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Long term Aleutian Low dynamics and obliquity-controlled oceanic primary production in the mid-latitude western North Pacific (Core MD01-2421) during the last 145,000 years

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Title: Long term Aleutian Low dynamics and obliquity-controlled oceanic primary production in the mid-latitude western North Pacific (Core MD01-2421) during the last 145,000 years
Authors: Ueshima, Toshinori Browse this author
Yamamoto, Masanobu Browse this author →KAKEN DB
Irino, Tomohisa Browse this author
Oba, Tadamichi Browse this author
Minagawa, Masao Browse this author
Narita, Hisashi Browse this author
Murayama, Masafumi Browse this author
Keywords: primary production
organic carbon
the Aleutian Low
obliquity
IMAGES
Issue Date: Aug-2006
Publisher: Elsevier B.V.
Journal Title: Global and Planetary Change
Volume: 53
Issue: 1-2
Start Page: 21
End Page: 28
Publisher DOI: 10.1016/j.gloplacha.2006.01.017
Abstract: We have generated an oceanic primary production record from Core MD01-2421, off central Japan, in the western North Pacific, for the last 145,000 years, in order to examine how the Aleutian Low has responded to orbital-scale climate change. The variation of total organic carbon (TOC) was pronounced with a 41-ky periodicity. High TOC corresponds to a high angle of the Earth's obliquity. The variation of TOC was delayed behind the variation of obliquity by 1 ky and preceded the variation of δ18O of benthic foraminifera Uvigerina by 6 ky. The TOC varied inversely with Polar Circulation Index (Mayewski, P.A., Meeker, L.D., Twickler, M.S., Whitlow, S., Yang, Q., Lyons, B., Prentice, M., 1997. Major features and forcing of high-latitude northern hemisphere atmospheric circulation using a 110,000-year-long glaciochemical series. J. Geophys. Res. 102 (C12), 26345–26366.). Since the primary production in the Kuroshio–Oyashio mixed zone is related to the intensity of the winter Aleutian Low, these correspondences imply that the intensity of the winter Aleutian Low has responded to the obliquity forcing by the atmospheric reorganization in the northern high latitudes. The winter Aleutian Low was stronger when the obliquity was large, implying that the lower insolation in winter presumably increased the temperature contrast between the land and the ocean, deepening the winter Aleutian Low.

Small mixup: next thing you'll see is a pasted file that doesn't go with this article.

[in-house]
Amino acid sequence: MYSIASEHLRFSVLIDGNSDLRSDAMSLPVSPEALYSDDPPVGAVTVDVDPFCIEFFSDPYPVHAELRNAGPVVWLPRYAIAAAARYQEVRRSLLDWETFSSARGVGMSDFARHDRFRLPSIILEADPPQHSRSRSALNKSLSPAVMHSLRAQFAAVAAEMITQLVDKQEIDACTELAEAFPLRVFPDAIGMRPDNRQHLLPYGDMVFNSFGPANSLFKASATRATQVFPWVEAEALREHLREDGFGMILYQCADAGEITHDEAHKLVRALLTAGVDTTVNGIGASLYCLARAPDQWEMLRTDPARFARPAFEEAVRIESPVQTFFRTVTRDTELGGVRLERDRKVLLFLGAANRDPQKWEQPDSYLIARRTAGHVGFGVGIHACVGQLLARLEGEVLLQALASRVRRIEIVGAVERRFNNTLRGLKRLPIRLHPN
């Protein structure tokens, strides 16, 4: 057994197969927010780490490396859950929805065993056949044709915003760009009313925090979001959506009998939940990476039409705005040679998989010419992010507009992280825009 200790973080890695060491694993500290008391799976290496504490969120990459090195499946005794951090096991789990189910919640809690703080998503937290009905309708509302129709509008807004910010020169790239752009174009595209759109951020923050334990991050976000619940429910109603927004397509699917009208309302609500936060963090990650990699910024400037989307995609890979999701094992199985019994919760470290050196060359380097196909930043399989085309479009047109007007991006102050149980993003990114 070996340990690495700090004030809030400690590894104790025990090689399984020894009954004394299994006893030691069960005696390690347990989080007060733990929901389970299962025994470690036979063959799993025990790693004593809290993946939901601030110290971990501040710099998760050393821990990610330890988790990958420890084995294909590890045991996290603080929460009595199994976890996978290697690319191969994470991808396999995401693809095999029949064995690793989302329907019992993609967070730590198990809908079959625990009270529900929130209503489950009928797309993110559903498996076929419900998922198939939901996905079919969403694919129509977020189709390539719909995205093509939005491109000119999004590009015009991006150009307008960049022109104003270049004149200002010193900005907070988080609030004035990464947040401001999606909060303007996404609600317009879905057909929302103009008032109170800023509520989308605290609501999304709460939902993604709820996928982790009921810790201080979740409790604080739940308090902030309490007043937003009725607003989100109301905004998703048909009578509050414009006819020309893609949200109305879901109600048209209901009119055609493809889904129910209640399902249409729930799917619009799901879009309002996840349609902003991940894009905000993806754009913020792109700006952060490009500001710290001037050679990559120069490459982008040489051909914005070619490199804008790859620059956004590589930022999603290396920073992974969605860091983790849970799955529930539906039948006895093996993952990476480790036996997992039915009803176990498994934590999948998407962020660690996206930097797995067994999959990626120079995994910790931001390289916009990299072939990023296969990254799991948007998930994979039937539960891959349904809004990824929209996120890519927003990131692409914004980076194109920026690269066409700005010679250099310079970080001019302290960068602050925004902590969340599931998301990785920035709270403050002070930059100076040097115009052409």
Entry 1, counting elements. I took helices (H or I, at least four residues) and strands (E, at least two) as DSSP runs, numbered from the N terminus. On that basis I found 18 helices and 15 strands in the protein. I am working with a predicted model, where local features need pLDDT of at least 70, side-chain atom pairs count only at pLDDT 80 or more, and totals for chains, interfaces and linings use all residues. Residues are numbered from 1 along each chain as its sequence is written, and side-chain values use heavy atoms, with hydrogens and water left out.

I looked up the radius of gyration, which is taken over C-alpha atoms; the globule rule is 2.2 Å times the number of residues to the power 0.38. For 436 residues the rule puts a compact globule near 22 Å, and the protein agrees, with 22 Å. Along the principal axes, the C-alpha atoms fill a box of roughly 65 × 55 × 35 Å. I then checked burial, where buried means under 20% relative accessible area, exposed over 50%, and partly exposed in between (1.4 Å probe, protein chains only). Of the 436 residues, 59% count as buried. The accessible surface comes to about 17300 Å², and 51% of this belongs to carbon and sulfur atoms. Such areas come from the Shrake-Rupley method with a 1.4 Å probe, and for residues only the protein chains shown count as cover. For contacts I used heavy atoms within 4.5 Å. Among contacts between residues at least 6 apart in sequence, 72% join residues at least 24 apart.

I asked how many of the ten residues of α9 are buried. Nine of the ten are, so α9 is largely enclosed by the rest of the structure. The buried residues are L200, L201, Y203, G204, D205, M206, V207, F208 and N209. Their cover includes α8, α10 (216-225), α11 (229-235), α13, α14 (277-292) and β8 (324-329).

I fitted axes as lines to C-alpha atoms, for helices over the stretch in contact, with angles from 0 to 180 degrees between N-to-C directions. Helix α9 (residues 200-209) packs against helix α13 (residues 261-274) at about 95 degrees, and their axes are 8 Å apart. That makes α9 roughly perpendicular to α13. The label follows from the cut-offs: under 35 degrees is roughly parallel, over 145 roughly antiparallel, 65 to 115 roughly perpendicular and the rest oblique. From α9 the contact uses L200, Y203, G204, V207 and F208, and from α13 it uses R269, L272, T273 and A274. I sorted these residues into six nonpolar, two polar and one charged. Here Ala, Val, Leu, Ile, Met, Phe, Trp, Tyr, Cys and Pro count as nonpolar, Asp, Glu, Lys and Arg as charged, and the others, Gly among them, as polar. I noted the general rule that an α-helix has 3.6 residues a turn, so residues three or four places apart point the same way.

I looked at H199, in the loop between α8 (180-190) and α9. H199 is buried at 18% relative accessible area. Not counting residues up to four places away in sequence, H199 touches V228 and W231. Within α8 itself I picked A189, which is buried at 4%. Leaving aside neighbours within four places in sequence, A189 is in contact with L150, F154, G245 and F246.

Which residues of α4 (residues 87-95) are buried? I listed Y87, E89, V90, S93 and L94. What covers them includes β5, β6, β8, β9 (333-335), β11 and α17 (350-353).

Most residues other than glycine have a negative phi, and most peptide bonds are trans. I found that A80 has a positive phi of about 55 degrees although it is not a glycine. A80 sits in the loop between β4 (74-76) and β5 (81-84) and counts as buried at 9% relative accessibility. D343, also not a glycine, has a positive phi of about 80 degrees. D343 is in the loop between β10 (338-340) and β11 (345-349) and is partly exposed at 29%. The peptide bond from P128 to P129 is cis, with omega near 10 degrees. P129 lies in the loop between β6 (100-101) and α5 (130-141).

Relation: http://www.sciencedirect.com/science/journal/09218181
Type: article (author version)
URI: http://hdl.handle.net/2115/14777
Appears in Collections:環境科学院・地球環境科学研究院 (Graduate School of Environmental Science / Faculty of Environmental Earth Science) > 雑誌発表論文等 (Peer-reviewed Journal Articles, etc)

Submitter: 山本 正伸

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